For those who wish to use the identity of the Gael as a political symbol of division and separatism I would challenge that by saying being a Gael transcends religion and politics. For those who wish to use Ulster Scots as an identity which excludes Gaelic culture – well Ulster Scots is full of Gaelic words and if we look at the symbolism used to represent Ulster Scots, the tartan, the kilt, the highland dancing, etc well of course it is all Gaelic.
My role is about promoting our shared heritage and creating reconciliation within communities. We have been very successful in what we do and have captured the imagination of both the public and the media yet we get very little support or acknowledgement from unionist politicians. For me unionism appears to be more about a denial of a shared identity.
Protestantism which by its very nature is rich and diverse has become linked with a brand of unionism which is narrow and inward looking.
My brother-in-law David once said, ‘I can never forgive the unionist leaders because the way they behaved was not for the good of this community but for themselves’. I wonder if anything has changed.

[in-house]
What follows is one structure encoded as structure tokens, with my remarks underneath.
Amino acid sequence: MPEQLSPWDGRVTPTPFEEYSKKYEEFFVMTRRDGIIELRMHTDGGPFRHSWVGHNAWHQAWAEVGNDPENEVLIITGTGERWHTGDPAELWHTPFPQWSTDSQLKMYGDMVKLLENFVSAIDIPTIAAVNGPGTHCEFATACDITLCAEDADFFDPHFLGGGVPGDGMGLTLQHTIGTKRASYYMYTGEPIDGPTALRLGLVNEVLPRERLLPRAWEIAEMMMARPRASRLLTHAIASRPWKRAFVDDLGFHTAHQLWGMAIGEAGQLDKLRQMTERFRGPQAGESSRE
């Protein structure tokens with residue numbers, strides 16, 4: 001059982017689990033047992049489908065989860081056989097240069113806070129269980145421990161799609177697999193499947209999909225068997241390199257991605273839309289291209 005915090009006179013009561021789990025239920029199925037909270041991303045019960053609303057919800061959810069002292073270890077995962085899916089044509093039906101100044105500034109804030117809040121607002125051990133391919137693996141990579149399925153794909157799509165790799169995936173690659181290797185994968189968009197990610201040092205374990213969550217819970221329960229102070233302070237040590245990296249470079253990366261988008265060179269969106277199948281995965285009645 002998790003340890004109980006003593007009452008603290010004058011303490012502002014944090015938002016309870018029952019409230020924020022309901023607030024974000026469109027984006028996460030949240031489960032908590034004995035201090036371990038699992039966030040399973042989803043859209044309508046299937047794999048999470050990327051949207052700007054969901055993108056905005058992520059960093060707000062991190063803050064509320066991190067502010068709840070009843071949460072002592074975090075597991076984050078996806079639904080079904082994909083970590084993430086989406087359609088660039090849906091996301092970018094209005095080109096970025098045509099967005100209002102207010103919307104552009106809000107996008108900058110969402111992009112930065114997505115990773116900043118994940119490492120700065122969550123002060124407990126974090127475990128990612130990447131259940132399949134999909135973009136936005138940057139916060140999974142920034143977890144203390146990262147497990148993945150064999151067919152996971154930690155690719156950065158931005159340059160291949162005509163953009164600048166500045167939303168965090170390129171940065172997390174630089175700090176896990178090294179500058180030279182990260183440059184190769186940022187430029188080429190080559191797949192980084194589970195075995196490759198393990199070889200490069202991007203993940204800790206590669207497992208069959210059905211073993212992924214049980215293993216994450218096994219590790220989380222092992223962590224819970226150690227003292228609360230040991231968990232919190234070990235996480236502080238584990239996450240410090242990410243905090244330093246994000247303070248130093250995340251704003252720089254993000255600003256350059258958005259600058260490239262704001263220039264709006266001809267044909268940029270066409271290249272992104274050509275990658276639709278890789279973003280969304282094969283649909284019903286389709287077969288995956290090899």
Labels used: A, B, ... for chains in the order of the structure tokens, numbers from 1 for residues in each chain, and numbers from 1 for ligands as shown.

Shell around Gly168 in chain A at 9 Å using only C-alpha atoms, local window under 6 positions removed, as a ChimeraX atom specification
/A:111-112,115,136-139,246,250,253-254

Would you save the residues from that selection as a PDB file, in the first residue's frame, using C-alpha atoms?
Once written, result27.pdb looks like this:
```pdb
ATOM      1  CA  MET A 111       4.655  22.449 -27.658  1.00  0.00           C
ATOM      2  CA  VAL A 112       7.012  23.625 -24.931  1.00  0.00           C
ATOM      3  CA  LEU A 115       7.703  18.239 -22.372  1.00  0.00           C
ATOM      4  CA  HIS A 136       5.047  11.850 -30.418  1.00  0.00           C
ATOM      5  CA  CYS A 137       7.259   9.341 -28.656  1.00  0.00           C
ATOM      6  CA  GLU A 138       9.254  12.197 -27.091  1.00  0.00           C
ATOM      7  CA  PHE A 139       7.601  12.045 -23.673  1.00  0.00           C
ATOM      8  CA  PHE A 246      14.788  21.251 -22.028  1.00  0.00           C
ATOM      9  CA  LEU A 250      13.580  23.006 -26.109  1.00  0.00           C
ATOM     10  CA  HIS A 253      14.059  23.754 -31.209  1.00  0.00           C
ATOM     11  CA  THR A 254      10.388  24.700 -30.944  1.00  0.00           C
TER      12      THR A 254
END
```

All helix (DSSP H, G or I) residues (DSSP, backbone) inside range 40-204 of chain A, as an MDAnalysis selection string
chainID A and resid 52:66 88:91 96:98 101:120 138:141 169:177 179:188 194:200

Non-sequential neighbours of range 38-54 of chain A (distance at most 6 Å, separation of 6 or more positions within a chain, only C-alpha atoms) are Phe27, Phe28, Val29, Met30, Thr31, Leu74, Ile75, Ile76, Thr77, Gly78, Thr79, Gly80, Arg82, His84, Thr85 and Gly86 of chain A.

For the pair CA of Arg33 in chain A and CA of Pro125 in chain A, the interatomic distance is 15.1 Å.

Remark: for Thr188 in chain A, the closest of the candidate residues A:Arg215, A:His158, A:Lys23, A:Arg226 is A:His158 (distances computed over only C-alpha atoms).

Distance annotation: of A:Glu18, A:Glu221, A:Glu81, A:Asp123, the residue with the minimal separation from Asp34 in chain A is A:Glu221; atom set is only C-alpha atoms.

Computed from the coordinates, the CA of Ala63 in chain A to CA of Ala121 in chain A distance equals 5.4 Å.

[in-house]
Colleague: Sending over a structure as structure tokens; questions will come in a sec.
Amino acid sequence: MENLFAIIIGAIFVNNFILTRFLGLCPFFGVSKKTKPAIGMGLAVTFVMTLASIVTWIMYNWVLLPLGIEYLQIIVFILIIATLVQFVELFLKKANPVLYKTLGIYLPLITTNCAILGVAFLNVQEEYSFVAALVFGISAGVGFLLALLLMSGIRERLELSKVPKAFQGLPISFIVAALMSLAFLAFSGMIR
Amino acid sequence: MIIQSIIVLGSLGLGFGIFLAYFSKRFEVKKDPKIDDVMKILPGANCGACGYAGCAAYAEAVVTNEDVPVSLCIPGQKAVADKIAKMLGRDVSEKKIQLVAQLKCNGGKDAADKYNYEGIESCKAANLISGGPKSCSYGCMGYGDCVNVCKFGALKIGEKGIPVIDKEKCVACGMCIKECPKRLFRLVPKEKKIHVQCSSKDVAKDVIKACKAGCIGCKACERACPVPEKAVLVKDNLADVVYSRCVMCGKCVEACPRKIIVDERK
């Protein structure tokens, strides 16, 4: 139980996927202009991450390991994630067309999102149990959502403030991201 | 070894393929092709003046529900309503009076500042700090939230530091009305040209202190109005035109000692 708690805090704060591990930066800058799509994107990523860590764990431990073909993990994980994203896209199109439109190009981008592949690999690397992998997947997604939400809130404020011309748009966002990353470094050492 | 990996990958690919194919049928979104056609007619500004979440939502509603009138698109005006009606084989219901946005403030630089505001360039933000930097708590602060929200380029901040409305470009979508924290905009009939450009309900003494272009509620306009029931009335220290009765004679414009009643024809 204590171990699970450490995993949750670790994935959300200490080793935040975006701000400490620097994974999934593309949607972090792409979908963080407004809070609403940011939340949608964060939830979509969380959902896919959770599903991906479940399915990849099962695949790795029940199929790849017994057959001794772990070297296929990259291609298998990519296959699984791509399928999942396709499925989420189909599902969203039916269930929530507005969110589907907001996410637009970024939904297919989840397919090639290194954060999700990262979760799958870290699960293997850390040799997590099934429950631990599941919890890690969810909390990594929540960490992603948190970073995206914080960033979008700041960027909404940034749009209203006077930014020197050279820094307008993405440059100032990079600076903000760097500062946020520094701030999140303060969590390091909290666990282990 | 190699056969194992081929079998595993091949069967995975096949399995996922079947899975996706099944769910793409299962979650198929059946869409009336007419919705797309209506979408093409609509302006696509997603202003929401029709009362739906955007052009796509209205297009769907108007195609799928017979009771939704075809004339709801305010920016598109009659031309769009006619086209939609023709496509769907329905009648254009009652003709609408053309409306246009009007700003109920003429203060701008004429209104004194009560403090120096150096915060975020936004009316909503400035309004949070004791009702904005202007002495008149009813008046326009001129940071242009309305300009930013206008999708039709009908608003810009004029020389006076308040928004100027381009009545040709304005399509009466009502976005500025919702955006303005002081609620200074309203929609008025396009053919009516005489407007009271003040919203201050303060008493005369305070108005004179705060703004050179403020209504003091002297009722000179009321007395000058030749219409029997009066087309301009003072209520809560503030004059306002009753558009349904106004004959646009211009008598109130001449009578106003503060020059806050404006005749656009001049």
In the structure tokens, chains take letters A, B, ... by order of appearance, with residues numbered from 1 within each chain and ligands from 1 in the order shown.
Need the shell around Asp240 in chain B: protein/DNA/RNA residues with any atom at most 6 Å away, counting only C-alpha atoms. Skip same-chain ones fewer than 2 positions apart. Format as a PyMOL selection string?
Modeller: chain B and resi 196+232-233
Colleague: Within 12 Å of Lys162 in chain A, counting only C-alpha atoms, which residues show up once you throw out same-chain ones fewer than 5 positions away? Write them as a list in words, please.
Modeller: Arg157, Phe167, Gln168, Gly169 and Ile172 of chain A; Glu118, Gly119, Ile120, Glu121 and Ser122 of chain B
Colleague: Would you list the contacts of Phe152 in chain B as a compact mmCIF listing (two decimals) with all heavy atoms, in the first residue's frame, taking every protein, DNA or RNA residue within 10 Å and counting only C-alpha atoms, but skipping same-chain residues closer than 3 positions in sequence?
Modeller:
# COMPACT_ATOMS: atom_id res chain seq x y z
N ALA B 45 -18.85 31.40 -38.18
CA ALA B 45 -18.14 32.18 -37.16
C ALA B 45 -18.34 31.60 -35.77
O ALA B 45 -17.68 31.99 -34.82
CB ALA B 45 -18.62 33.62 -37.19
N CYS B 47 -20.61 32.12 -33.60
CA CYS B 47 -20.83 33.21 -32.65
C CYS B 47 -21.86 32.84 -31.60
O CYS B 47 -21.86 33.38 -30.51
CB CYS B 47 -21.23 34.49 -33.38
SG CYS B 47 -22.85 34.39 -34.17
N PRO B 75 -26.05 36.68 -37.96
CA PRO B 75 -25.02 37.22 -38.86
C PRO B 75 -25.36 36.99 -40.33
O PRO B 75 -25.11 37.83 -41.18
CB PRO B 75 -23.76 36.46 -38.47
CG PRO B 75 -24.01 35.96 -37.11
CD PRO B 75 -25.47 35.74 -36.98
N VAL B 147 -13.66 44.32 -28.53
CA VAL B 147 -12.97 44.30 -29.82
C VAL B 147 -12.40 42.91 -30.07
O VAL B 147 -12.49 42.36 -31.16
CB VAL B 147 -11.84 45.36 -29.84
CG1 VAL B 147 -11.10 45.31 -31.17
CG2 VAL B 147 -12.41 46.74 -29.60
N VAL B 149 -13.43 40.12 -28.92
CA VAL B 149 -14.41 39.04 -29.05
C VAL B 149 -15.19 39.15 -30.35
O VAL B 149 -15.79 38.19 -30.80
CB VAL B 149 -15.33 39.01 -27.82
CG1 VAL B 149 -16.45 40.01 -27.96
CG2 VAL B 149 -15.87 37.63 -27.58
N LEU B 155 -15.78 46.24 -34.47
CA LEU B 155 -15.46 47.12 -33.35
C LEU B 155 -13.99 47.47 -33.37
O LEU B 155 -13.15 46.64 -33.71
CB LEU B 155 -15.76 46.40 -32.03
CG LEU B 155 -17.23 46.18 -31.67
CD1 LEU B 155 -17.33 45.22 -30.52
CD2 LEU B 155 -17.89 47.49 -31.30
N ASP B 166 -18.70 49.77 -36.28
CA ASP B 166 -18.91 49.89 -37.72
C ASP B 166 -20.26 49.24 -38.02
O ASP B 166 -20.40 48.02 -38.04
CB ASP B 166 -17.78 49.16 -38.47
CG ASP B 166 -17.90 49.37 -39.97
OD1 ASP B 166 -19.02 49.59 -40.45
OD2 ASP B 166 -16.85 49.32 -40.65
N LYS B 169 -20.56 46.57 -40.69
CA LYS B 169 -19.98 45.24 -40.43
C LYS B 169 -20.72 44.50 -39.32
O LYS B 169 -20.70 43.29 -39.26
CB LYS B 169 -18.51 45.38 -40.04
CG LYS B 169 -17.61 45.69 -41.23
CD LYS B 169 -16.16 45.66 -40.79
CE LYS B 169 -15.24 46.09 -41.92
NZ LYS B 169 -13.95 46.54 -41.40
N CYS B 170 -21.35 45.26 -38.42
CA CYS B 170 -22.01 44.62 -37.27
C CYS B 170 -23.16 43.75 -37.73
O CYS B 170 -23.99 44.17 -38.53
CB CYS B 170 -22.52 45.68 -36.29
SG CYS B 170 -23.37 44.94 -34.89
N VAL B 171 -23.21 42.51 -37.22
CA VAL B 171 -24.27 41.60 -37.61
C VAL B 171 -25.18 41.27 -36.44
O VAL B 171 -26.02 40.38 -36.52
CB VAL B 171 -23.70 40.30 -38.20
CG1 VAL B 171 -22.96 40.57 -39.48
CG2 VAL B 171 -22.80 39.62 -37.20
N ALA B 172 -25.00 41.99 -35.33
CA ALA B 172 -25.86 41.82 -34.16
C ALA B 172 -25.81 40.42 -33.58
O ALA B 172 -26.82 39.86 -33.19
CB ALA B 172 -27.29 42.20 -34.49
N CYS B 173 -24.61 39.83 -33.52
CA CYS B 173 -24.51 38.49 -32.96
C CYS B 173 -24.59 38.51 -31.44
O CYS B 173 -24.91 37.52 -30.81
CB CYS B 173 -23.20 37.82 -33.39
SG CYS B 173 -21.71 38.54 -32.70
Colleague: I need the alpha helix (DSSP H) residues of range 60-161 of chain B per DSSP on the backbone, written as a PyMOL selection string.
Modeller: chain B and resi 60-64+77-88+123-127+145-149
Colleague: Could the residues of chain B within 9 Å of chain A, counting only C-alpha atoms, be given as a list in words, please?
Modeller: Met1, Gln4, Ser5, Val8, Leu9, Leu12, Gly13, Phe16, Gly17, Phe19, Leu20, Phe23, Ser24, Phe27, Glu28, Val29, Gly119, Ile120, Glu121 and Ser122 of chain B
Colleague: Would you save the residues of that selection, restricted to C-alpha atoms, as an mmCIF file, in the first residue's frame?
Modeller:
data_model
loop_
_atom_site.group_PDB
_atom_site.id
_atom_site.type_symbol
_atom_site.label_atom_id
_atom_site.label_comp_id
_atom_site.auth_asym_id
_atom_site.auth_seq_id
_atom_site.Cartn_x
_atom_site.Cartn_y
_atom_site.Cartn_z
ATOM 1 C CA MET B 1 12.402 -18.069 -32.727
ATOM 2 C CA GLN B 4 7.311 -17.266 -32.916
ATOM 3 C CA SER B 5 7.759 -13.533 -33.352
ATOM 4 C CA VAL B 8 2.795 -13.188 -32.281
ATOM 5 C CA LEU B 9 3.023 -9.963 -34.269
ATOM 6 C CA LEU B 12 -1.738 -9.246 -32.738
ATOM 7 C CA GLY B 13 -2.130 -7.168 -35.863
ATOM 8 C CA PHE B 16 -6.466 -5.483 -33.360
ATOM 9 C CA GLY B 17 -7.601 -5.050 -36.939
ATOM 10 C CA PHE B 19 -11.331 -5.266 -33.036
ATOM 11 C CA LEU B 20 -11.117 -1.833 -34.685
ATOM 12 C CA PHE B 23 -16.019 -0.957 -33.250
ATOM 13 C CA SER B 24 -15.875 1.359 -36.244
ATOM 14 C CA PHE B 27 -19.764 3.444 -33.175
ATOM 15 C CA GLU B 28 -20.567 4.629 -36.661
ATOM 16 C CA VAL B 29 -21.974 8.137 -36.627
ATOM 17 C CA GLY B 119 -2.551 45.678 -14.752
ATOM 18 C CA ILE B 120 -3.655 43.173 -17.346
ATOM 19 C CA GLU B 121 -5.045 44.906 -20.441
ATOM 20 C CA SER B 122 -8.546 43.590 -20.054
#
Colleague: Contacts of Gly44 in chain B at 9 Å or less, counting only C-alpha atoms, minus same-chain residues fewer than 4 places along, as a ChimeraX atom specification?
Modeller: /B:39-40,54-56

Millions of pounds have been poured into shared projects within the community yet Stormont is segregated. It is like a school playground where people are threatening to take their ball home when the games not going their way, who rather than making decisions for the greater good of all, are seen to play up to their own side of the community. No wonder the electorate is disillusioned with politics.
The recent but short lived rise of NI21 I believe showed a desire for an alternative. People want their politicians to be discussing education, employment and welfare; we are tired of the time and money wasted on parades and protests.
Politicians need to start demonstrating some integrity by having the courage to work with those it was elected to share a mandate with despite their political differences for the good of all the people of Northern Ireland.
To find out more about Irish Language classes, or different services offered, contact;
East Belfast Mission
239 Newtownards Road Belfast BT4 1AF
T:028 9045 8560 W:www.ebm.org.uk